Ted kissed her on the hand and took her breathe away for a moment. She was now officially a fan! When all was quiet and others were engaged in trivial conversations, I took a stroll out onto the stage, which looked due south. As I recall it was close to midnight and the stage was practically empty, with some crew members still clearing away last-minute gear. As I strolled about the stage I tried hard not to get in the way, but I wanted to feel the coals after the fire of Ted's show had died down. As I calmly walked to the stage's center, I thought to myself that it was strangely bright out for being so late at night; I looked up beyond the horizon of the theatre’s seats. Perched up in the sky was a blazing full moon. I tucked my hands into my blue jean pockets and said to myself, "Ah, ha, that's what Ted was seeing all night long. It was to clear to me now, where the fire came from'.

After seeing Ted in concert many times before that night, and many times to follow, it became increasingly apparent to me that he often sees that full moon virtually every time he performs, as if it were somewhere beyond the audience, and that he has never stopped seeing it since. If you ever go to see a TN concert you will know what I mean. 

I still live with that memory, and often think of that night as an inspiration to follow my own full moon.

Pass it on !


Click here for more info on the "Ma" Nugent memorial


© Copyright 2015 Updated: 01/14/2015 06:11 PM
Click here to view Terms & Conditions
Howling Moon Productions, P.O. Box 95242, Palatine, IL. 60095-0242
For problems viewing this website, troubleshooting, etc. Click here to contact the webmaster general.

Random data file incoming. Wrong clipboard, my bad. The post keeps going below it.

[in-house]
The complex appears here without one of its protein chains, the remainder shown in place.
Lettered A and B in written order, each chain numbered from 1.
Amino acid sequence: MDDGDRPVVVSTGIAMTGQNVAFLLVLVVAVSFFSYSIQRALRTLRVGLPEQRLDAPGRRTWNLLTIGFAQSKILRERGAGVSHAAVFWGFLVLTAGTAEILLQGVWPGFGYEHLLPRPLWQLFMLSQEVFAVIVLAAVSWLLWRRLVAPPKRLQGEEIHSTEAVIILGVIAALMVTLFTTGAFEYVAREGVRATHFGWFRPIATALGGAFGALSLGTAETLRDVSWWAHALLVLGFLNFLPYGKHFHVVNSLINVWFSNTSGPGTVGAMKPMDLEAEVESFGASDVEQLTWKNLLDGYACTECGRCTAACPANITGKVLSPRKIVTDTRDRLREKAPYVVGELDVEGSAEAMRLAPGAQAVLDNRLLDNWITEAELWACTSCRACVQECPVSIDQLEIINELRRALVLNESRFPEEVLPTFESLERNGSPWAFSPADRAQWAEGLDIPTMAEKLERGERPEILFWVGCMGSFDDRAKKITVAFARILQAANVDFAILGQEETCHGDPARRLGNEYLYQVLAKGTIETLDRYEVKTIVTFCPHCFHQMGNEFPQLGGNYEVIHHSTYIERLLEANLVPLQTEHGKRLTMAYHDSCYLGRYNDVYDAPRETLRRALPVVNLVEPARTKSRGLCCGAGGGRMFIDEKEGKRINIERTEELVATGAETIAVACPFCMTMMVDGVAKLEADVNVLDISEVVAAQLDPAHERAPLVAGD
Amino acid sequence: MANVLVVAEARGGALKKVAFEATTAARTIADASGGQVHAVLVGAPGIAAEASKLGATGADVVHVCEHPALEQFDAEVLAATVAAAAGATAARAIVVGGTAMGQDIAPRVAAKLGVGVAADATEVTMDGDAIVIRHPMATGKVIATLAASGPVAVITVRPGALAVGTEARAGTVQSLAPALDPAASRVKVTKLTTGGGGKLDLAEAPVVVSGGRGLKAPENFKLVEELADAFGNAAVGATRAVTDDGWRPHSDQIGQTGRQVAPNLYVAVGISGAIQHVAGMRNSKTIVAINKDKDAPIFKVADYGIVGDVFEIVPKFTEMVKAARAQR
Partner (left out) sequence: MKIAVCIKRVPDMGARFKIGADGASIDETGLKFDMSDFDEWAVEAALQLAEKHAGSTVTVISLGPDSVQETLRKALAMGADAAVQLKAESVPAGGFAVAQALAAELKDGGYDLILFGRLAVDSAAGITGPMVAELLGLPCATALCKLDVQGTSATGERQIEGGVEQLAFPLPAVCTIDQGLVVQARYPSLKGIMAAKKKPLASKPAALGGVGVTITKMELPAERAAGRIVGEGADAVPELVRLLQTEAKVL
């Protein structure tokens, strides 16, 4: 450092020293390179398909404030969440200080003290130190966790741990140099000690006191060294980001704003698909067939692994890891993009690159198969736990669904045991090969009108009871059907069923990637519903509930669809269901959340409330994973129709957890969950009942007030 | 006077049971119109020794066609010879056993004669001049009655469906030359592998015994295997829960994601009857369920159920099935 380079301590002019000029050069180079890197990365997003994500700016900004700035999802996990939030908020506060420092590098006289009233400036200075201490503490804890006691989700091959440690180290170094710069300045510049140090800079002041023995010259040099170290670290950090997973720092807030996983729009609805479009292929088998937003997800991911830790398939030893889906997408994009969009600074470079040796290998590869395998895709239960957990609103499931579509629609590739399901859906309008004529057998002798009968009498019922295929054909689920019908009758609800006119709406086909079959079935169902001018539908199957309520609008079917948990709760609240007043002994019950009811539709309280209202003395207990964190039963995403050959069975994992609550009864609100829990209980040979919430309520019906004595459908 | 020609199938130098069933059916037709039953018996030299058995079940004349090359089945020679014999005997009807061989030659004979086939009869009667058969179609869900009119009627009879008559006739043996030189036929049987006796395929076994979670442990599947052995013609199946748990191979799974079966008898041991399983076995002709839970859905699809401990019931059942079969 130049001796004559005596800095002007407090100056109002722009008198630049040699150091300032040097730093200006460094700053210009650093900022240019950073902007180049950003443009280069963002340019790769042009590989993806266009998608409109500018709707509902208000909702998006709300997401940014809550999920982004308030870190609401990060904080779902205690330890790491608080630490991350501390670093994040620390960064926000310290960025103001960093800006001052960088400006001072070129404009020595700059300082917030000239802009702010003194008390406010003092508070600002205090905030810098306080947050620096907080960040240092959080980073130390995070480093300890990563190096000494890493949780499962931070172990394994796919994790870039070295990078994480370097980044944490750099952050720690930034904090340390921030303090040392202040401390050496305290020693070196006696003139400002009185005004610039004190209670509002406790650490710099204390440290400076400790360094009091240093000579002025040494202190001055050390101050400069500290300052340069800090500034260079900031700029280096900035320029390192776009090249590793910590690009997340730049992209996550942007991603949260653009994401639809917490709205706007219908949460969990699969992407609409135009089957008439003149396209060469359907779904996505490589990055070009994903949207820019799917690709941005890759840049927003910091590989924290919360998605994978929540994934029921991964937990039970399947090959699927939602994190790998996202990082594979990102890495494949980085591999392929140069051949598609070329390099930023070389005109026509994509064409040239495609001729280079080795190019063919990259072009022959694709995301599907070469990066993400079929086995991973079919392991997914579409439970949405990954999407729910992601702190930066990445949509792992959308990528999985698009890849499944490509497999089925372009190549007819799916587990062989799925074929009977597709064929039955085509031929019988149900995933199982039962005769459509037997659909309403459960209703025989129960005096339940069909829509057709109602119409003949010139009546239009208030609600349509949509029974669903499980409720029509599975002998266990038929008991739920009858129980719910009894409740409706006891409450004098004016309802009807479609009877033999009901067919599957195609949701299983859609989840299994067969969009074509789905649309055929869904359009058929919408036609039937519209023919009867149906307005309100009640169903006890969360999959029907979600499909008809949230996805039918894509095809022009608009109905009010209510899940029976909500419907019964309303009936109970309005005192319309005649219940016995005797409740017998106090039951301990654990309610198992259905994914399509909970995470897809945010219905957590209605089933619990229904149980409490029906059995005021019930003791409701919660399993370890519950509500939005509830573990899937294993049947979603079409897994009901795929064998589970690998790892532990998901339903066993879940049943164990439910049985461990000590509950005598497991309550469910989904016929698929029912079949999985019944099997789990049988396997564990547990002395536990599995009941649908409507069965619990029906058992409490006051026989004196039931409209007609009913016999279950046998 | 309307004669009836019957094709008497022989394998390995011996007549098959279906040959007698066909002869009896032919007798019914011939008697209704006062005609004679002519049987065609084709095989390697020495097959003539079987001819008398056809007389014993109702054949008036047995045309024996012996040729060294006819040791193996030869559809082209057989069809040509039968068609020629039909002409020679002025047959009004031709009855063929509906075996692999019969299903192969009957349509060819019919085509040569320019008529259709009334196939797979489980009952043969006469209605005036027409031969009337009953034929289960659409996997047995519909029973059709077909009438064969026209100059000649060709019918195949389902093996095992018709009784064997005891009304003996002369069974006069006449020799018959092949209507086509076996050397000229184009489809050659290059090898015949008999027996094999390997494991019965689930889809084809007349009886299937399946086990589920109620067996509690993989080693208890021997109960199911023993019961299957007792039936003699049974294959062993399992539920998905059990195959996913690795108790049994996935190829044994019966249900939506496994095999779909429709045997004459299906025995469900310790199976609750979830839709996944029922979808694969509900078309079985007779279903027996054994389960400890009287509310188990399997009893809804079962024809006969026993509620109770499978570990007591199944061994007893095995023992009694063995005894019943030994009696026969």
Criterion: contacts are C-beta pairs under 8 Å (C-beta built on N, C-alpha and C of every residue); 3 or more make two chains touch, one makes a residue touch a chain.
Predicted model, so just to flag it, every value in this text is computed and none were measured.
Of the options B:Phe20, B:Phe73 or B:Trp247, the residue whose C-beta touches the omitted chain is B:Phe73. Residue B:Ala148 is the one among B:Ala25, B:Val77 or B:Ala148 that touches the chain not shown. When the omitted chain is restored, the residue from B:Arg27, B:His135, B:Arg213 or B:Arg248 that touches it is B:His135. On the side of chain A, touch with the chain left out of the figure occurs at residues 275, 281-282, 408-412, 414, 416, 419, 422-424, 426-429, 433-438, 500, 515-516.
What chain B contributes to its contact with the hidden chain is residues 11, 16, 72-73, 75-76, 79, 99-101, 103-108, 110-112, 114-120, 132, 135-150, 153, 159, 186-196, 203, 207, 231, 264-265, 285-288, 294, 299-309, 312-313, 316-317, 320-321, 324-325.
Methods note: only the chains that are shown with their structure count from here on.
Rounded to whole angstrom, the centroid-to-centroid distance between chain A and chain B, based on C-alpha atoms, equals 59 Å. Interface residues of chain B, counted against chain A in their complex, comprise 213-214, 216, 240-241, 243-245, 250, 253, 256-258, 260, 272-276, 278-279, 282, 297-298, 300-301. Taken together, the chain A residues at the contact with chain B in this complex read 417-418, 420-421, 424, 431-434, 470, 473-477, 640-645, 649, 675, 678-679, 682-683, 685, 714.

Click Here for SiteMap

CoffeeCup - HTML Editor- Flash - Web Design Software

*Additionally: This web site is a virtual window to the life of Eric Kinkel, it reveals: non threatening, harmless personal content, images and editorial commentary often humorous in nature and never meant to cause harm to any corporation, LLC, group of persons, race, ethnicity or, any one individual. This site is specifically created and designed to continually inform, update and occasionally be entertaining for those who have interest in the many projects initiated. Names of those who have worked with Mr. Kinkel on  projects, personal,  professional or otherwise, may appear on this website.

This site also contains a variety of information pertaining to an array of enterprising ventures, tributes, concerts, philanthropic endeavors and personal interest's. Since the launching of Eric in October, 2003  positive results have annually accumulated high volume's of web traffic.

Critical commentary is welcome by e-mail. Click here to send your message.